The Way We Bared Our Souls by Willa Strayhorn | Review

Thursday, August 18, 2016
Title: The Way We Bared Our Souls
Author: Willa Strayhorn
Publisher: Razorbill
Publication Date: January 22nd, 2015
Source: Purchased
Buy the Book: Amazon | Barnes and Noble | Book Depository
If you could trade your biggest burden for someone else’s, would you do it?
Five teenagers sit around a bonfire in the middle of the New Mexico desert. They don’t know it yet, but they are about to make the biggest sacrifice of their lives. Lo has a family history of MS, and is starting to come down with all the symptoms. Thomas, a former child soldier from Liberia, is plagued by traumatic memories of his war-torn past. Kaya would do anything to feel physical pain, but a rare condition called CIP keeps her numb. Ellen can’t remember who she was before she started doing drugs. Kit lost his girlfriend in a car accident and now he just can’t shake his newfound fear of death. When they trade totems as a symbol of shedding and adopting one another’s sorrows, they think it’s only an exercise. But in the morning, they wake to find their burdens gone…and replaced with someone else’s.

What I thought

I will always show up for magical realism, but this one disappointed me. I was expecting to walk away loving this book, but I walked away feeling meh about it.

The first chapter was intriguing and it piqued my interest quite fast, but I found it dwindling as the book moved along. For one, the coyote guy with his mystical coyote seemed far-fetched and kind of forced. Also, kind of a lot of spiritual mumble jumble that I just couldn't get behind not because of my own religious views but because it all seemed pretty forced. A thing I've learned about magical realism is that the magic can't feel forced and for this book it felt everything but natural.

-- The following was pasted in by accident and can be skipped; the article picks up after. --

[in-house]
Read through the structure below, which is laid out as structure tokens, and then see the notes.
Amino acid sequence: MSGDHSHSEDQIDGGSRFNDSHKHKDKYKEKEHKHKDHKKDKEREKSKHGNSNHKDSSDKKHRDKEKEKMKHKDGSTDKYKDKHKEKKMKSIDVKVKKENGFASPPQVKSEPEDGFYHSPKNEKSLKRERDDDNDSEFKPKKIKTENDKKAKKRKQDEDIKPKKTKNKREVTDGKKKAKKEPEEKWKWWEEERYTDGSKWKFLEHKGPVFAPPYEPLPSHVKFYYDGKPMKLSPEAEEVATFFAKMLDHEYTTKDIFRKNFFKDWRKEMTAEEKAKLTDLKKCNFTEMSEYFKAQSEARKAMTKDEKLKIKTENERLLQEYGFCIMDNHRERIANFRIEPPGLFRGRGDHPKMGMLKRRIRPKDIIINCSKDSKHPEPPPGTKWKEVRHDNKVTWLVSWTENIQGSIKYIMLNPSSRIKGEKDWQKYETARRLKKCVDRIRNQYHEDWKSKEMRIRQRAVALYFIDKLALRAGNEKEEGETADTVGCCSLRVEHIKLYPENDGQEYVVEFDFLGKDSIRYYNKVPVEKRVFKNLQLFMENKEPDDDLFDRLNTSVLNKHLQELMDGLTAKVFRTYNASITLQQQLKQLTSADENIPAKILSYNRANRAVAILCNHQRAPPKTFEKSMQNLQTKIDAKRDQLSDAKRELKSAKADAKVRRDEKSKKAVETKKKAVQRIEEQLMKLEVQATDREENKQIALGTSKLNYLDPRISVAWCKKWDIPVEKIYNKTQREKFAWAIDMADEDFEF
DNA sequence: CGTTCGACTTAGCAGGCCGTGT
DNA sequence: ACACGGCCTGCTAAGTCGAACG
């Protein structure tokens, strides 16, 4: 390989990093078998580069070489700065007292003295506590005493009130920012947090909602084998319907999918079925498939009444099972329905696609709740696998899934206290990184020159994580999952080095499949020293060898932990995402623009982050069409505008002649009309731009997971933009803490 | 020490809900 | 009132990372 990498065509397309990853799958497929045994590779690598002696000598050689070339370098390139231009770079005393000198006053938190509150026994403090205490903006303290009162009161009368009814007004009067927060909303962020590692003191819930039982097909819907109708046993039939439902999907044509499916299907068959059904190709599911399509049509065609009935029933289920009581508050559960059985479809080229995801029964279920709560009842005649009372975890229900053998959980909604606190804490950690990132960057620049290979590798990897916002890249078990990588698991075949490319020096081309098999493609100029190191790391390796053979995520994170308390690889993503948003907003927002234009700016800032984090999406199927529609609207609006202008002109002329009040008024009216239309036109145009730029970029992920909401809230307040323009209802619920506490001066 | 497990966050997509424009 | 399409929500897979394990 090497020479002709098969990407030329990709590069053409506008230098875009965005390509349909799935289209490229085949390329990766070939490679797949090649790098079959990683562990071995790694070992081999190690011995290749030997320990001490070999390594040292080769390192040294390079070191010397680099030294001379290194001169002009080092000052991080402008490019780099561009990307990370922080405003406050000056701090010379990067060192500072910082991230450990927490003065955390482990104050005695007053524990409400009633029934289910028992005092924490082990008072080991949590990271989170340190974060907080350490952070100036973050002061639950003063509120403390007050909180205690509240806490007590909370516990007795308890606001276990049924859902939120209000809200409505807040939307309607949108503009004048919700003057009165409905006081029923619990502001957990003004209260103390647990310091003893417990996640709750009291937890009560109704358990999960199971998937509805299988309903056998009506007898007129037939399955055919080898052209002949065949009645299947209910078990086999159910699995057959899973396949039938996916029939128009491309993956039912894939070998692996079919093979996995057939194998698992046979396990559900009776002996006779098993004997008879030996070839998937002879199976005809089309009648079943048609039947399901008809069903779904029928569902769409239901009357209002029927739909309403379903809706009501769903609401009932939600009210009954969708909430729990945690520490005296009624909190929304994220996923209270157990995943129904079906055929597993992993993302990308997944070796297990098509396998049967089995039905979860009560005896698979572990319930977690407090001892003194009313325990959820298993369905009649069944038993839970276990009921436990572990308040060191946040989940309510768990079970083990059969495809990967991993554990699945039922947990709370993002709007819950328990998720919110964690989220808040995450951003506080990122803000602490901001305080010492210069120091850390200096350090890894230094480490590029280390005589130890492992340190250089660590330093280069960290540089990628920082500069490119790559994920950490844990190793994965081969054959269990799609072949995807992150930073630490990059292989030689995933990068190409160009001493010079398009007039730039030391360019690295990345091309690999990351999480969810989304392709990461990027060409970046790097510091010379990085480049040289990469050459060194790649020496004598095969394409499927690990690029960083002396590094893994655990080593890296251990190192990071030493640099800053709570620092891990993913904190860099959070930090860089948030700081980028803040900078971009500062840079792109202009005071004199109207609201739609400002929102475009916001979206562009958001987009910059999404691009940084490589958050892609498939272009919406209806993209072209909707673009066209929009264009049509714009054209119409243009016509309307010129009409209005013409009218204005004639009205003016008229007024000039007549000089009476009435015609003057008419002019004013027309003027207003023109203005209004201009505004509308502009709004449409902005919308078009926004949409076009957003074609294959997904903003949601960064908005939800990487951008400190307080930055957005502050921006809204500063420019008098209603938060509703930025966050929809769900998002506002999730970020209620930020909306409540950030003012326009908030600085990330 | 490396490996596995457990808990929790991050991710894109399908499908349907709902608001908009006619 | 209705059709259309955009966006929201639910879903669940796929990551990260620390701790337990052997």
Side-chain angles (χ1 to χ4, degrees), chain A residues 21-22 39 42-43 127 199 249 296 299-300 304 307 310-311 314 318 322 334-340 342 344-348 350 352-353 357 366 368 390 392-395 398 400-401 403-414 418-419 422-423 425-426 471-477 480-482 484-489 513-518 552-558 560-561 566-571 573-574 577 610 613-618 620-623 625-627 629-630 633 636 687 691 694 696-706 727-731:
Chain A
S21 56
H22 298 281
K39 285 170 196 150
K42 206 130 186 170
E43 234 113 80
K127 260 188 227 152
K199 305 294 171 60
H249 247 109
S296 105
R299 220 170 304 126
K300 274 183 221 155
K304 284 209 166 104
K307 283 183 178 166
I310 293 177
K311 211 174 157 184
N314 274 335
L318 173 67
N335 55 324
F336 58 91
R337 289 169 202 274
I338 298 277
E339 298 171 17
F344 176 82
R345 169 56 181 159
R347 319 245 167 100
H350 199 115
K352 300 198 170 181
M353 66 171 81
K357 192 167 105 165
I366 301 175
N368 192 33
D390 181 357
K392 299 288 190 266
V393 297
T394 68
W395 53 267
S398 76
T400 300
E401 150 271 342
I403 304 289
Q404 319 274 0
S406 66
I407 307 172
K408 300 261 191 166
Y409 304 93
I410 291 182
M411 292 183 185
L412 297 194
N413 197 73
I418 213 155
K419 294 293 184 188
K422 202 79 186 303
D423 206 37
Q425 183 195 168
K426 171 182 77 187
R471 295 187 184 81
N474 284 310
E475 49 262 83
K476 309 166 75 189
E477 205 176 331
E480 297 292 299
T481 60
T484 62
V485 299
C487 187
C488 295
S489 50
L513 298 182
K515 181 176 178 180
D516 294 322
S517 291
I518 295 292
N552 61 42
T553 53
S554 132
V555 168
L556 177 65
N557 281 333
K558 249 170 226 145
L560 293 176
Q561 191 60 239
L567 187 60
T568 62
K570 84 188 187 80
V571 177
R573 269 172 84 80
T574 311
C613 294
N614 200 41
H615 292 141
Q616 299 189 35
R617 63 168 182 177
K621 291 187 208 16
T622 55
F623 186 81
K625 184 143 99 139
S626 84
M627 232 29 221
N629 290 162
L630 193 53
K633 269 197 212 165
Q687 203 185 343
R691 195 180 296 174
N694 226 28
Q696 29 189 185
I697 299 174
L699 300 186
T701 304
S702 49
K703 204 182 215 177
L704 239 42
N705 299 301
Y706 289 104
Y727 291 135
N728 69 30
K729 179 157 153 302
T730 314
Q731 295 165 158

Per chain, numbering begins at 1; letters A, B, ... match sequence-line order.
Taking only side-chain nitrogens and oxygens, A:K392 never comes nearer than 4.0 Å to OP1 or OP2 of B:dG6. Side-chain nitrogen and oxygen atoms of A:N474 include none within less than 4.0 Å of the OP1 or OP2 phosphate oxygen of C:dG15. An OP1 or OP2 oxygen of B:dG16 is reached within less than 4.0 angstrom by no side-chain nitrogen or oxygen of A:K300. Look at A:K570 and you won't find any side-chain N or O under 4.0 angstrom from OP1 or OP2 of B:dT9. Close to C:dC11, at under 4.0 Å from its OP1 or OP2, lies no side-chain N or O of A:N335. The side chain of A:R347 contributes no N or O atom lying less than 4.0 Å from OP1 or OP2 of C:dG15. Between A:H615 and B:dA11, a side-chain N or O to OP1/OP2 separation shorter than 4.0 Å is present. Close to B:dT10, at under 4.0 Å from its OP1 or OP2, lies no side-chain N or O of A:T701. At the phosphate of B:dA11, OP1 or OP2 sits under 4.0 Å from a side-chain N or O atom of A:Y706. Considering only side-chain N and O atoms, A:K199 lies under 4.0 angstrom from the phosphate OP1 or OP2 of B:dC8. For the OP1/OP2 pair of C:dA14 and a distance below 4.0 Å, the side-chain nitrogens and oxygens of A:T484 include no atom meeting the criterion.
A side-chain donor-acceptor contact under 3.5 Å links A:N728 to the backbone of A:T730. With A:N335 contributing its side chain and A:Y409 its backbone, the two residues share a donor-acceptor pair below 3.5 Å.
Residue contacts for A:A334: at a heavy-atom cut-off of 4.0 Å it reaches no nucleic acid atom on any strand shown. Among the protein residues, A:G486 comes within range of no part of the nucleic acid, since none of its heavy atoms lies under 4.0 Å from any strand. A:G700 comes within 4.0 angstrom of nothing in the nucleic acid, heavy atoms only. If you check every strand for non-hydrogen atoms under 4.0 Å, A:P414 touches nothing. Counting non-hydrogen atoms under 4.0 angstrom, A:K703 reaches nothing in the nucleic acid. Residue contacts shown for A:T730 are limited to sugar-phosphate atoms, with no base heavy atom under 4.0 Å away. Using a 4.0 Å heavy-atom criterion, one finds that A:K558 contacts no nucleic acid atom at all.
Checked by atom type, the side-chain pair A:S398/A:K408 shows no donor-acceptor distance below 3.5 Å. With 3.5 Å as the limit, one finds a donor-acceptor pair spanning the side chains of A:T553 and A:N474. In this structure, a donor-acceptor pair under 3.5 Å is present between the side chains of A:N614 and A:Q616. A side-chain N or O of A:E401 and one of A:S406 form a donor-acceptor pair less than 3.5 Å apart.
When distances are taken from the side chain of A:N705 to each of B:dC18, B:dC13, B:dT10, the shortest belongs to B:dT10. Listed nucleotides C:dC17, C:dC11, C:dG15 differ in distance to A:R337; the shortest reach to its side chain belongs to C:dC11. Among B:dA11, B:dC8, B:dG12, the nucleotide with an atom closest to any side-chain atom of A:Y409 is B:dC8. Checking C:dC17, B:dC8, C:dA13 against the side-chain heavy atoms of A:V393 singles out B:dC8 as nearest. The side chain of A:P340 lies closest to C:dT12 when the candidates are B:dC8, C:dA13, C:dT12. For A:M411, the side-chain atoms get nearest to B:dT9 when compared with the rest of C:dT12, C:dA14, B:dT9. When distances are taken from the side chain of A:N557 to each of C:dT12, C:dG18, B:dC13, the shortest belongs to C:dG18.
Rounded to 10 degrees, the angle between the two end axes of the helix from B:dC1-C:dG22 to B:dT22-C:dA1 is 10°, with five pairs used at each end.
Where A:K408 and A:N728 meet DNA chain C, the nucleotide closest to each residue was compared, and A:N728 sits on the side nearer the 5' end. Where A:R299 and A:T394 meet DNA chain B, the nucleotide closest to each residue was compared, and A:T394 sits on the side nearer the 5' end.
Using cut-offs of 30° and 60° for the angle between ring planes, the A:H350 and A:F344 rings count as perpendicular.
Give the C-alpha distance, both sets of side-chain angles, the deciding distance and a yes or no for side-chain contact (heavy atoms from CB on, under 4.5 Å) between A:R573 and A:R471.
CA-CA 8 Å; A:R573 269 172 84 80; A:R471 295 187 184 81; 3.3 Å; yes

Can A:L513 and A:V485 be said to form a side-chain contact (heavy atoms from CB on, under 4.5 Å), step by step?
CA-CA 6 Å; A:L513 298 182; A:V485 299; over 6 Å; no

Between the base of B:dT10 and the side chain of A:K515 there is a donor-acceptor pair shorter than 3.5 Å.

The aspect I liked the most about the book was that there were some beautiful passages. Writing wise sometimes the words just took my breath away, but in the over all context of the story they didn't feel quite right and they felt like something that had been included in just for lyrical aspect instead of actually bringing something to the story, the plot or the character development.

The relationship between our five protagonists also felt forced at times and I didn't really grow to care for them that much. Sure, their situation was messed up and they all had something to carry (as we all do) but I didn't really feel connected to them.

There's a Native American aspect to this book, as well, and I don't think it's my place to speak of it since I'm not Native American nor am I well informed on the matter, but sometimes I felt kind of cringey about it. That might just be me, I don't know. This book did have Native American characters and it also had the use of Spanish, which were two good points, in my book.

I thought I was going to enjoy this book way more than I actually did and there were some things in here I wasn't comfortable with or that I just didn't like.

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